Will economic patriotism improve cities

In the United States there is notable talk about how people should be buying American, with some trying to have this enshrined in official policy. Economix this week pondered whether this economic patriotism was uniquely American (I doubt it).

Meanwhile, Richard Florida comments on a “home base” effect that certain brands have. Starbucks peforms best in Seattle, for example.

If the economic downturn has people thinking more about where they spend their money, this might be great for cities. Or, more specifically, great for neighbourhoods and community building in cities.

What makes a place special, is that it can offer something unique.  The world has become rather homogenized — McDonalds, Coke, Starbucks can be found everywhere.  But a local coffee rostery, micro brewery, independent grocer, funky clothing store or a tasty bakery are examples of businesses that help to create an authentic place, rather than a generic retail space.

If the economic downturn pushes more people to spend their money in ways that benefit their local communities, this could help the livability of cities — and help them attract visitors and permanent residents alike.

Unfortunately, I think that application of the “support local” principle will be unevenly practiced.  The lure of Wal-Mart and the big boxes will tempt many, especially in more frugal times.   This will leave some neighbourhoods full of interesting, independent businesses and others reliant on global boxes.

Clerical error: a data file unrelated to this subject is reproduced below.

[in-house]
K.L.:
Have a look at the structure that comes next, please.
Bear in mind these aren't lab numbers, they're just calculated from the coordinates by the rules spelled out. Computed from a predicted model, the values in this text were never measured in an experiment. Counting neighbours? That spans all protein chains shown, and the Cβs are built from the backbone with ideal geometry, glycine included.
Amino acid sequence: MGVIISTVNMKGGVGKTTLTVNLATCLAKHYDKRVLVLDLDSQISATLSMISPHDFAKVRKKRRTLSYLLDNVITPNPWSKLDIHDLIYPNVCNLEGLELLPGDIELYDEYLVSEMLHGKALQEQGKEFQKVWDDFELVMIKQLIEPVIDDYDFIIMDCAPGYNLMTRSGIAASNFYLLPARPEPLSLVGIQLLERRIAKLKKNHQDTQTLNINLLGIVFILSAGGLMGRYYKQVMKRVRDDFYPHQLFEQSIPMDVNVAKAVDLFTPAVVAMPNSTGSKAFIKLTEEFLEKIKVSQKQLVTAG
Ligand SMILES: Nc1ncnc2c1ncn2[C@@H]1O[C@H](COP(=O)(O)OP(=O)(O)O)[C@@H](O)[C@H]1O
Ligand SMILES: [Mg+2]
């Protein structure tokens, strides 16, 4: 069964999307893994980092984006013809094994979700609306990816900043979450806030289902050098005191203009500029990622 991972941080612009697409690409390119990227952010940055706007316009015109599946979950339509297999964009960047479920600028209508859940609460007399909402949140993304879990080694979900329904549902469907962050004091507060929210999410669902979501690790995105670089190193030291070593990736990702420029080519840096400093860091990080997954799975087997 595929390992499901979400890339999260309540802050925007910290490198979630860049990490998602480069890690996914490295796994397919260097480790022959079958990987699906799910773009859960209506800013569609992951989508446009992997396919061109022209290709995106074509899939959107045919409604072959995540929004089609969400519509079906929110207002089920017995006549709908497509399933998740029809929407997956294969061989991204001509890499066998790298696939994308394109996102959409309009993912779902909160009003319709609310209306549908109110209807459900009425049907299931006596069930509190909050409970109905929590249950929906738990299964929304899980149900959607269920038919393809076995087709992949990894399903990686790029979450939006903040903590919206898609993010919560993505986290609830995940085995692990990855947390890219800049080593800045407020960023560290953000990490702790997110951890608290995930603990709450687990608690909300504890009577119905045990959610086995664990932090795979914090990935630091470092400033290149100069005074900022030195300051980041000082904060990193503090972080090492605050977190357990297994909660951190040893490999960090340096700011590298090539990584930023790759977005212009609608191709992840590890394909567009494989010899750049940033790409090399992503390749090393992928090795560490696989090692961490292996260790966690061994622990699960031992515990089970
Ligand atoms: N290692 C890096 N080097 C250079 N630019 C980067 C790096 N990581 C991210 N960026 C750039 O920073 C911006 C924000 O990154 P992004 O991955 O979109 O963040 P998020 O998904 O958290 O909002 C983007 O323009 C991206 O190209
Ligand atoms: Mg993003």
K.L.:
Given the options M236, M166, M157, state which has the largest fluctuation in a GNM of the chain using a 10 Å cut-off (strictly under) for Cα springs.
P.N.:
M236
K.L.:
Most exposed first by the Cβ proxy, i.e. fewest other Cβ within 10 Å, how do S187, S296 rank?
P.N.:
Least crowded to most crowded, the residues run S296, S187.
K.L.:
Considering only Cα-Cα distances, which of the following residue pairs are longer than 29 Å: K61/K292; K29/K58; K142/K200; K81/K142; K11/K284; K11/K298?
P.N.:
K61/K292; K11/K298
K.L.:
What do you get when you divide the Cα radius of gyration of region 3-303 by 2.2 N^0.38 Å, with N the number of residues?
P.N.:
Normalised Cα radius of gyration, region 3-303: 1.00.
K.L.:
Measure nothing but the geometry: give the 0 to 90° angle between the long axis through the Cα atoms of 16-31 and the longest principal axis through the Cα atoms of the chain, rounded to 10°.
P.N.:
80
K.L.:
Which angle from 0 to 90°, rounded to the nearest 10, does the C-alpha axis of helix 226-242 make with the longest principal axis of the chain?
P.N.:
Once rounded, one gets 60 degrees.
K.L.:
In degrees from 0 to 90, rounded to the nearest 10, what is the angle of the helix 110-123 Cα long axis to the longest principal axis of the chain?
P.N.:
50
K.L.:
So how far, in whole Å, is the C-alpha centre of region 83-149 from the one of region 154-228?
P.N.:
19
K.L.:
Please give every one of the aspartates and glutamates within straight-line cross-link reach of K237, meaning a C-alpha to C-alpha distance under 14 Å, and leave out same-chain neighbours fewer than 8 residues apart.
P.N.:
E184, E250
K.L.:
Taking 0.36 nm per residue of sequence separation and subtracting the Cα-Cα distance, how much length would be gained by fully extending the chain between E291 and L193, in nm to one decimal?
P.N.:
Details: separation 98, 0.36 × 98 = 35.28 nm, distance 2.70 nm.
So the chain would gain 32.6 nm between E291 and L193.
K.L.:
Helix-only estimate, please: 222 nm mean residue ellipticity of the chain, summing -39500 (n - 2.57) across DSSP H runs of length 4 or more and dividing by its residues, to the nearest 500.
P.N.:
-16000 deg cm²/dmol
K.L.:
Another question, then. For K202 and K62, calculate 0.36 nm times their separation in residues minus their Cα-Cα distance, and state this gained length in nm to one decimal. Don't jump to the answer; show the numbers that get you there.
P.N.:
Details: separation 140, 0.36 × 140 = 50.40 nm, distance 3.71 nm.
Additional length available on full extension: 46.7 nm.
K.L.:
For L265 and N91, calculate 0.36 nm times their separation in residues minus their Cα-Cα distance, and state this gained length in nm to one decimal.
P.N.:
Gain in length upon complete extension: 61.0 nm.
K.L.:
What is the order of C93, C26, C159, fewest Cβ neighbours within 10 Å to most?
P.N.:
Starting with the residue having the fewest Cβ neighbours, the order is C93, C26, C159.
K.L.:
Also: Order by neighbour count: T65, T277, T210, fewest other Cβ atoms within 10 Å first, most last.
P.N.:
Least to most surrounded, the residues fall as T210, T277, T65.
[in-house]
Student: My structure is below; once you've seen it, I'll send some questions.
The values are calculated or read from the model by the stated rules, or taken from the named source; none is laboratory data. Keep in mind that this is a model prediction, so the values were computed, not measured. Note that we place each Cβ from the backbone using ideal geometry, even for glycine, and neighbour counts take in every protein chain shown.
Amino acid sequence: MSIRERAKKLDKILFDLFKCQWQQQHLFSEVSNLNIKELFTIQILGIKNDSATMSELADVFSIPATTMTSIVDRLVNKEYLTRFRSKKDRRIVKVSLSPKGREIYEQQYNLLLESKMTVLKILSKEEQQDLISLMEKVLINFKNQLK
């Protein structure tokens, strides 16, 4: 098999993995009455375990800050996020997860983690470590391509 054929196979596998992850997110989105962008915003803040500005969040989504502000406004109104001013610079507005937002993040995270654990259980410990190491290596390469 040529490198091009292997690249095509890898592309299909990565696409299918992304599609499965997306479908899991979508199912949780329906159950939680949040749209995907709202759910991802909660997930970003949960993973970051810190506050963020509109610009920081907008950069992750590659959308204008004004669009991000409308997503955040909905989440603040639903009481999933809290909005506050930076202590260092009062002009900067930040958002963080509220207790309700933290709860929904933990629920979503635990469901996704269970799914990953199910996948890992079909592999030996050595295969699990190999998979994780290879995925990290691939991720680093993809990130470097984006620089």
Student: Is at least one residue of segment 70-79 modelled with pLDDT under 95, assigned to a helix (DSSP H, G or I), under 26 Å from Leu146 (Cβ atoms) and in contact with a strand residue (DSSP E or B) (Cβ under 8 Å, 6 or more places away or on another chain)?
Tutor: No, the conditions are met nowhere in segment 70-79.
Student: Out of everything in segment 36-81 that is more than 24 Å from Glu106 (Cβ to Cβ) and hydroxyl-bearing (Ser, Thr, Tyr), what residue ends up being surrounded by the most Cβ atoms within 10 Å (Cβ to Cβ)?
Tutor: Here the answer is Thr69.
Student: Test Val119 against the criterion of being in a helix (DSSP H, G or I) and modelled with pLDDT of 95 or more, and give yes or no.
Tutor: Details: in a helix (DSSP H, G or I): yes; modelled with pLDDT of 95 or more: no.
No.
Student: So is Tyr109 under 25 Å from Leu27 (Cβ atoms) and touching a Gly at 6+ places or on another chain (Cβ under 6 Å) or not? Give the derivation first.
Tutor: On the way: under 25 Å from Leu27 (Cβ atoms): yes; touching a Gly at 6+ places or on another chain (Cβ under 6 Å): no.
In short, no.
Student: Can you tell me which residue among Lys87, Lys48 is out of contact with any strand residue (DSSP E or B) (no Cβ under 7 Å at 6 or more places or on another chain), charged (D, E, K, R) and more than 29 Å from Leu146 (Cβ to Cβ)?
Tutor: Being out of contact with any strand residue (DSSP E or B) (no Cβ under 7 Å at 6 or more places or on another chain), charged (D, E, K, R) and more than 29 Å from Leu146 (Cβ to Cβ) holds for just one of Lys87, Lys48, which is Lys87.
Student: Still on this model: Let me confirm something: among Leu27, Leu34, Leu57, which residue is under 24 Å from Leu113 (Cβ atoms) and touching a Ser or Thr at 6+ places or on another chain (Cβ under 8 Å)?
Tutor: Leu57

Are you or people in your community shopping local? or has the lure of the mega-discounter prooved too tempting?

2 comments

  1. [...] All About Cities added an interesting post today on Will economic patriotism improve citiesHere’s a small readingIn the United States there is notable talk about how people should be buying American, with some trying to have this enshrined in official policy. Economix this week pondered whether this economic patriotism was uniquely American (I doubt it). Meanwhile, Richard Florida comments on a “home base” effect that certain brands have. Starbucks peforms best in Seattle, for example. If the economic downturn has people thinking more about where they spend their money, this might be great for citi [...]

  2. I think our desire to be good to our retail neighbors is blunted by two things:
    1. When they don’t seem to be going out of their way to get our business and/or thank us when we buy from them, and

    2. When what the non-local business offers is better in some obvious way (as consumer, of course, affected by the economy just as businesses are)

    That’s why I’m surprised that more businesses that seek to serve locals don’t partner to generate differentiating value and visibility – with and for each other. The right partnering efforts provide the least expensive way to give consumers another reason to buy.

    I wrote about ways to partner to offer more to locals here
    http://www.movingfrommetowe.com/2009/04/13/“buy-local”-isn’t-enough-how-to-adapt-delish’s-customer-attracting-method-to-your-local-business/

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